The Business Book

(Joyce) #1


The Long Tail is based on a representation of a
demand curve of the future marketplace (sales are
shown vertically, products horizontally). Author
Chris Anderson suggests that overall sales of niche
products at the thin “tail” of the curve may be
greater than more popular products at the “head.”

See also: Beating the odds at start-up 20–21 ■ Gaining an edge 32–39 ■ The weightless start-up 62–63 ■
Thinking outside the box 88–89 ■ Small is beautiful 172–77 ■ M-commerce 276–77 ■ Benefitting from “big data” 316–17


vertical axis, and quantity on the
horizontal axis, and demonstrates
that people buy more as the price
falls. Anderson represents sales on
the vertical axis and the number
of products on the horizontal axis,
showing that growth in many
industries will come from the niche
end of demand—the Long Tail.

Removing barriers
Supply was once constrained by
factors such as cost of production,
physical space for storage, and cost
of distribution. Digital processing,
online ordering, and electronic
distribution have removed many
of these barriers. Selling smaller
numbers of a greater range of items
can result in higher overall sales and
profit than selling common items.
Books, music, and movies are
classic examples of the Long Tail
theory. A traditional bookstore can
only stock books that are likely to
sell. Amazon, however, can list
every book, even though some may
never be sold. Less popular titles
that are not stored in its vast
warehouses can be shipped direct

from a publisher to meet individual
demand. Combined sales of one-of-
a-kind books may be larger than
that of bestsellers, and so may equal
more profit. Similarly, iTunes can
offer a longer list of music than any
physical store, and Netflix can
stream almost any film into your
living room. When offered almost
limitless choice, consumers exert
their preferences and spend money.
Asia is a large and growing
market, but it is fragmented by
many different cultures. Individual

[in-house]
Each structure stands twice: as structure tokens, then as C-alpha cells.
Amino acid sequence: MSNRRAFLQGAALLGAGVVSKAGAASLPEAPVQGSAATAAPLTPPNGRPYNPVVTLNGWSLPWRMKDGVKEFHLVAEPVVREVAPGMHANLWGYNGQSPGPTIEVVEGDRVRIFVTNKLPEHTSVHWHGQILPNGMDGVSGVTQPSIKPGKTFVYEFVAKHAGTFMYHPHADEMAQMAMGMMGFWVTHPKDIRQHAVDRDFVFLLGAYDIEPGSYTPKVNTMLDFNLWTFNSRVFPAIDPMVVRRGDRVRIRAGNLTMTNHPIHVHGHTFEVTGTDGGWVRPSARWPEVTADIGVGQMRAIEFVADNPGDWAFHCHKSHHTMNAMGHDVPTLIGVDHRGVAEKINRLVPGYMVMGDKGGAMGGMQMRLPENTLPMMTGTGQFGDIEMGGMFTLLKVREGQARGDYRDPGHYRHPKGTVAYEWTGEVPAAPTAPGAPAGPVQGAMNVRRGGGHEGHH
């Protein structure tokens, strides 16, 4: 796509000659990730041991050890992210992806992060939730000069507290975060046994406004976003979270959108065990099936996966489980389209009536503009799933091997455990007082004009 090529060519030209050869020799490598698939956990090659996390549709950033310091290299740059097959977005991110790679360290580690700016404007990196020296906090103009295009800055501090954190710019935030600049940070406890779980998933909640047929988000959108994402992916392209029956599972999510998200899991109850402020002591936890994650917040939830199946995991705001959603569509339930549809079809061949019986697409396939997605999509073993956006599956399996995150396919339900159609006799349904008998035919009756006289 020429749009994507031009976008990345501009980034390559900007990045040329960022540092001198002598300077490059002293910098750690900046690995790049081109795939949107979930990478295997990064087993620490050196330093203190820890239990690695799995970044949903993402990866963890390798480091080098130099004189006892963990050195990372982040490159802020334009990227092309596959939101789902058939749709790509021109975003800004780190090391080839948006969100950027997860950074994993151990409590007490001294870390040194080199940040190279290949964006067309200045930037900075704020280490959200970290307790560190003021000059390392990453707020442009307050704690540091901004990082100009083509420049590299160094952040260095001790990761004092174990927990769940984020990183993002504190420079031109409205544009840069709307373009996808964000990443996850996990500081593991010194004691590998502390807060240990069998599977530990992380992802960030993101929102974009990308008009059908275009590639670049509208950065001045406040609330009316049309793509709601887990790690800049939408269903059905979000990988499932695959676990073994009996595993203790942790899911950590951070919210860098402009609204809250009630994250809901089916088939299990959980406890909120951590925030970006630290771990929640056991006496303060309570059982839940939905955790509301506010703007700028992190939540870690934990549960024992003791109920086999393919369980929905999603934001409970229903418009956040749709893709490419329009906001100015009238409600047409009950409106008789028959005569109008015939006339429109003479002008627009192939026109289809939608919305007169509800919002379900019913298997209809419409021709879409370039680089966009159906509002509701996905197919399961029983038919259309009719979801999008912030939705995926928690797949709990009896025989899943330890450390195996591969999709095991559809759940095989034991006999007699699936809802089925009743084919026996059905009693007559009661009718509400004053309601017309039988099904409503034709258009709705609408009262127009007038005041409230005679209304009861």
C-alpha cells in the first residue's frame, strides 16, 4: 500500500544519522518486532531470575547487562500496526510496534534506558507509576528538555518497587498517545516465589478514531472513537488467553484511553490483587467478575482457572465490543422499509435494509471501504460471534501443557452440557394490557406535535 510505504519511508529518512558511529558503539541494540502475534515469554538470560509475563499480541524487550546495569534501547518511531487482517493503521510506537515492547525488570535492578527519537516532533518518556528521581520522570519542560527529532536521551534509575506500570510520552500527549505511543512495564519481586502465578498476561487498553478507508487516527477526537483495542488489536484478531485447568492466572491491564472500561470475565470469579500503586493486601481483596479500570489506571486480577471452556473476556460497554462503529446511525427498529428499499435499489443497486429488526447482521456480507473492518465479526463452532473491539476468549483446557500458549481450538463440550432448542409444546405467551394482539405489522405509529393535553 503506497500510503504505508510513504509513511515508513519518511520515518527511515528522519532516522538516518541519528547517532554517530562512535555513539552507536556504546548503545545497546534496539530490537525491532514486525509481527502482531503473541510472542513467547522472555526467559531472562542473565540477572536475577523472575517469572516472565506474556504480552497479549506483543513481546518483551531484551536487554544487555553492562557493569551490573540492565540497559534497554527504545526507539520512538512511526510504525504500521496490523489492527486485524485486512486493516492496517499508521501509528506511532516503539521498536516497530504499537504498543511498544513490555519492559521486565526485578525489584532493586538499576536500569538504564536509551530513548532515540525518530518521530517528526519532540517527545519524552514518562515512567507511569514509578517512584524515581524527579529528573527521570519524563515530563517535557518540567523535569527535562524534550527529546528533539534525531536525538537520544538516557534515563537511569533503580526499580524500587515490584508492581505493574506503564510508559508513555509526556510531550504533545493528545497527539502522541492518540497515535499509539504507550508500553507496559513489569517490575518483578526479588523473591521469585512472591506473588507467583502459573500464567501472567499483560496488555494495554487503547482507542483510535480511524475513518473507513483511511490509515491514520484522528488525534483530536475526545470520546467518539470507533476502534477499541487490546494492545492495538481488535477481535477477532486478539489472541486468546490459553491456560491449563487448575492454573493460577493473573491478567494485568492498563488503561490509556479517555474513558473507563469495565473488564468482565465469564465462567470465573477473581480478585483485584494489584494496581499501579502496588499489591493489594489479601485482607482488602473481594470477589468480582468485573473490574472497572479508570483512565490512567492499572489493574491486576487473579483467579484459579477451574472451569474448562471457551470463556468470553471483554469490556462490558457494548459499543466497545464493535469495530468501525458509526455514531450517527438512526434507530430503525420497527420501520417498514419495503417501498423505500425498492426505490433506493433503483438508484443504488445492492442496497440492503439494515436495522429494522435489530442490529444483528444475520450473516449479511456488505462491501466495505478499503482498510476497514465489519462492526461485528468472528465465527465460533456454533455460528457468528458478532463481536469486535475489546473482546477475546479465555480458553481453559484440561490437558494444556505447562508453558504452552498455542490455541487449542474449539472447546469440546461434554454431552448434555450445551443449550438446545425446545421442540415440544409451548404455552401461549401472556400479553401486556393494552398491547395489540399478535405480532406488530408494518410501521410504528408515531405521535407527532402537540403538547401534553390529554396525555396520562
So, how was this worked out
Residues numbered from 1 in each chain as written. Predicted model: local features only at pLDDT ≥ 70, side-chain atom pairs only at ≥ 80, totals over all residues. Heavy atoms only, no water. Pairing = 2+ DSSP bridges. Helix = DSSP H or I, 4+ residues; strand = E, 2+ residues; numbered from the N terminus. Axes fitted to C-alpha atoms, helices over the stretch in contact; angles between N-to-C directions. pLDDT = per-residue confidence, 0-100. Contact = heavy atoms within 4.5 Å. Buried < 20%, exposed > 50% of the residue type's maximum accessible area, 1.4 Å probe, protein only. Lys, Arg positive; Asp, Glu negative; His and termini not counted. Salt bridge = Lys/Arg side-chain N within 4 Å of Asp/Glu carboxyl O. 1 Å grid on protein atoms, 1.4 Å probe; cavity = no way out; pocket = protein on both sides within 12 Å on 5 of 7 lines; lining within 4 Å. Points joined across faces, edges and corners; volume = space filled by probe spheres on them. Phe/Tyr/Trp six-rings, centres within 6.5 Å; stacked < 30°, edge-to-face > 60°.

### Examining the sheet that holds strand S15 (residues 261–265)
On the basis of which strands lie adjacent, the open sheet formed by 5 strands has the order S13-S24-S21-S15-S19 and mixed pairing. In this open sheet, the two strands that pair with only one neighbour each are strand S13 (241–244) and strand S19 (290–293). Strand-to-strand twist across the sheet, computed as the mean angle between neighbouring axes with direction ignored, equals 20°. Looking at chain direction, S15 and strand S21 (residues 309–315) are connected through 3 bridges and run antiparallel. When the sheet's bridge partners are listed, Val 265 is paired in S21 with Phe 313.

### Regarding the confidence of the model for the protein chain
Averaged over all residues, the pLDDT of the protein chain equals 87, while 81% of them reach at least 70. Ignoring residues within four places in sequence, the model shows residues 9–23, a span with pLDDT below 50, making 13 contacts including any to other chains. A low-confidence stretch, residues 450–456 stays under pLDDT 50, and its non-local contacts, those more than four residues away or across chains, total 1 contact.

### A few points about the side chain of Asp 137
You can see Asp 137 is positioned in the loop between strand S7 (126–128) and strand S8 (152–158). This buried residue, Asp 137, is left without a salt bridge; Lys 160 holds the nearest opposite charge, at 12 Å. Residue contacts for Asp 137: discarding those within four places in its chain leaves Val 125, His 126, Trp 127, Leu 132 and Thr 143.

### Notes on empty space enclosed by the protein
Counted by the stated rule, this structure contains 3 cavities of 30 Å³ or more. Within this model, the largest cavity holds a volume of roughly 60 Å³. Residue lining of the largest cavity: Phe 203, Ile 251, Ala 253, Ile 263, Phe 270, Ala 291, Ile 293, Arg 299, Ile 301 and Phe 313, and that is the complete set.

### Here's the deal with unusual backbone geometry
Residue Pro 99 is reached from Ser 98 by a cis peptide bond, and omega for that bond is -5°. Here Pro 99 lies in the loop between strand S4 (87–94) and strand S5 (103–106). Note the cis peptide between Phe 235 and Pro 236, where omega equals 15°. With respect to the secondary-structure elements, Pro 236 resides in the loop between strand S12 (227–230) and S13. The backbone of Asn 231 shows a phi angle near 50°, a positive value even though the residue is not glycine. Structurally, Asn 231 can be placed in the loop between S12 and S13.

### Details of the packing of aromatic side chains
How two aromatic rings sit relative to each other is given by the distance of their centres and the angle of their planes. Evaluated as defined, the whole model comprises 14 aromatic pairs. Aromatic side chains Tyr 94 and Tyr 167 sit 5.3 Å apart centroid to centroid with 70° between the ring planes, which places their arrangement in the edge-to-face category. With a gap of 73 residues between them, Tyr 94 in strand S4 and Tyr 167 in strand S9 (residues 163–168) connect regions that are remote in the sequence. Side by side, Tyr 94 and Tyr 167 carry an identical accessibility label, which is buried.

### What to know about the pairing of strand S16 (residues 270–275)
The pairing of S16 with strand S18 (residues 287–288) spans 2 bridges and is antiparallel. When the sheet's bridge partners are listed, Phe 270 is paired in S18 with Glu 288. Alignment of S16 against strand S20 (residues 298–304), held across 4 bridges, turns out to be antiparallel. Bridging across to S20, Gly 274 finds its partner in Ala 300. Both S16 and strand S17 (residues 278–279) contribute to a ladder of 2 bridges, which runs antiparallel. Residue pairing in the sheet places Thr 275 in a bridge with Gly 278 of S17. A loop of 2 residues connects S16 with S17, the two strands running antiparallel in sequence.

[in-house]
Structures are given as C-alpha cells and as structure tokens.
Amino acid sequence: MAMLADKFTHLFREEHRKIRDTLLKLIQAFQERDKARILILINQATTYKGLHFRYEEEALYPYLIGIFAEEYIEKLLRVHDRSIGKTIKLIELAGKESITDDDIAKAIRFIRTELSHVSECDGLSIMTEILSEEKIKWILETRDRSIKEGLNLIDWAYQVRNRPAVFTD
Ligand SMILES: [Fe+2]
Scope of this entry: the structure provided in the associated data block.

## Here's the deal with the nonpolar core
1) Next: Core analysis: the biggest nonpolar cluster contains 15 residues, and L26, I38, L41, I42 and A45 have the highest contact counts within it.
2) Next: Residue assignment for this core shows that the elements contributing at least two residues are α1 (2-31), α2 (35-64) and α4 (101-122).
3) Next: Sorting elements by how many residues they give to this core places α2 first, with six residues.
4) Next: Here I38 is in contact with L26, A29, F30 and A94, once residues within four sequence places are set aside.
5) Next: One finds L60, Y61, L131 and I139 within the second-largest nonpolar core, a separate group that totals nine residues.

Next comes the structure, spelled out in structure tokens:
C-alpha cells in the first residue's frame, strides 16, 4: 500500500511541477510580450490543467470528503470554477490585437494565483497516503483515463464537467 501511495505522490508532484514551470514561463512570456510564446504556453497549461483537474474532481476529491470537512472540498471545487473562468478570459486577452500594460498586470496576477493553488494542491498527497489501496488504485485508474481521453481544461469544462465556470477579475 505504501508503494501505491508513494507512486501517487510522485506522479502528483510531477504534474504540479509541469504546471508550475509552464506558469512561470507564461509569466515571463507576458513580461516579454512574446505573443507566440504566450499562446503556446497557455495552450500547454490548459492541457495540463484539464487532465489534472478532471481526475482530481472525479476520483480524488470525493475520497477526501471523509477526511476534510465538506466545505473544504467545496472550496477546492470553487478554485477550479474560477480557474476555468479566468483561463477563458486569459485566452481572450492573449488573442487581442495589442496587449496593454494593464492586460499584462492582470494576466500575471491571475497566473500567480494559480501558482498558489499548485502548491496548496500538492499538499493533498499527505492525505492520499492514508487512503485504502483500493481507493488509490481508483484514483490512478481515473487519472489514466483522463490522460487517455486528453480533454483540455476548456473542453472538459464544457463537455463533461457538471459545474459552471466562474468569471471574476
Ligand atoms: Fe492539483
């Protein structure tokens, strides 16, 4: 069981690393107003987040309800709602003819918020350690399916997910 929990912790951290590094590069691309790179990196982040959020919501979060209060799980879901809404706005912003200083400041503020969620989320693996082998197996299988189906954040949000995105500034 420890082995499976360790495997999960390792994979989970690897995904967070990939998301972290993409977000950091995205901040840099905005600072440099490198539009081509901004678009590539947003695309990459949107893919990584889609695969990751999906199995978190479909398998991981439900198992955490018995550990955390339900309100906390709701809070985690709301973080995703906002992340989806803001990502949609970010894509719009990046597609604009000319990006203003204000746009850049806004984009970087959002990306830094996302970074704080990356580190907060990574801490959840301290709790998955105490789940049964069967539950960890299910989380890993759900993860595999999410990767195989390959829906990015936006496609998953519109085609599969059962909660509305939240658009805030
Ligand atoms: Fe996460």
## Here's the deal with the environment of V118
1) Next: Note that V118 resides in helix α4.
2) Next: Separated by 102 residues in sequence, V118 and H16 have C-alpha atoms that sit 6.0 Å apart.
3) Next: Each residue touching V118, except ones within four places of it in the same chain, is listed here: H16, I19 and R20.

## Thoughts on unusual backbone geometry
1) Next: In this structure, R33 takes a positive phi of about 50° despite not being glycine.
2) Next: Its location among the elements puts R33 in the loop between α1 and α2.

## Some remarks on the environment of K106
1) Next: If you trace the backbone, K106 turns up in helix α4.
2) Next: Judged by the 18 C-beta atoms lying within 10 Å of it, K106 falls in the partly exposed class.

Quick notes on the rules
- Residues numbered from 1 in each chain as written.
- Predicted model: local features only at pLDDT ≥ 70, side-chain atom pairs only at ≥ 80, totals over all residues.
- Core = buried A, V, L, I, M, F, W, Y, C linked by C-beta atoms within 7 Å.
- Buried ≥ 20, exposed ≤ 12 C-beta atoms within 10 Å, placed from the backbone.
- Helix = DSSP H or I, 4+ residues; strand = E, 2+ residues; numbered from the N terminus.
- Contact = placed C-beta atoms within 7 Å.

countries offer numerous niche
opportunities for companies that

can tailor products and services by
language and ethnicity, rather than
offering to the mass market. Start-
ups are recognizing the Long Tail
benefits and using the region’s
diversity to their advantage. One
example is Brandtology, an online
company that analyzes social media
and online chat, in local languages,
for clients in Singapore and Hong
Kong. Native speakers of languages
such as Mandarin, Japanese, and
Korean offer social-media analysis
to provide localized insights and
interpretation of key issues within
a particular culture. ■

Chris Anderson Author and entrepreneur Chris
Anderson was born in London
in 1961 and moved with his family
to the US at five. He studied
physics at George Washington
University, then quantum
mechanics and science journalism
at the University of California,
Berkeley; he later was a
researcher at Los Alamos
National Laboratory. After
working on two leading scientific
journals, Nature and Science, he
joined The Economist, holding
various positions (in London,
Hong Kong, and New York), from
technology editor to US business

editor. Chris Anderson joined
Wired magazine in 2001,
where he was editor-in-chief
until 2012. He currently lives
in Berkeley, California, and
is the CEO of 3D Robotics, a
drone manufacturing company.

Key works

2004 “The Long Tail” (published
in Wired magazine)
2006 The Long Tail: Why the
Future of Business is Selling
Less of More
2012 Makers: The New
Industrial Revolution


Long Tail


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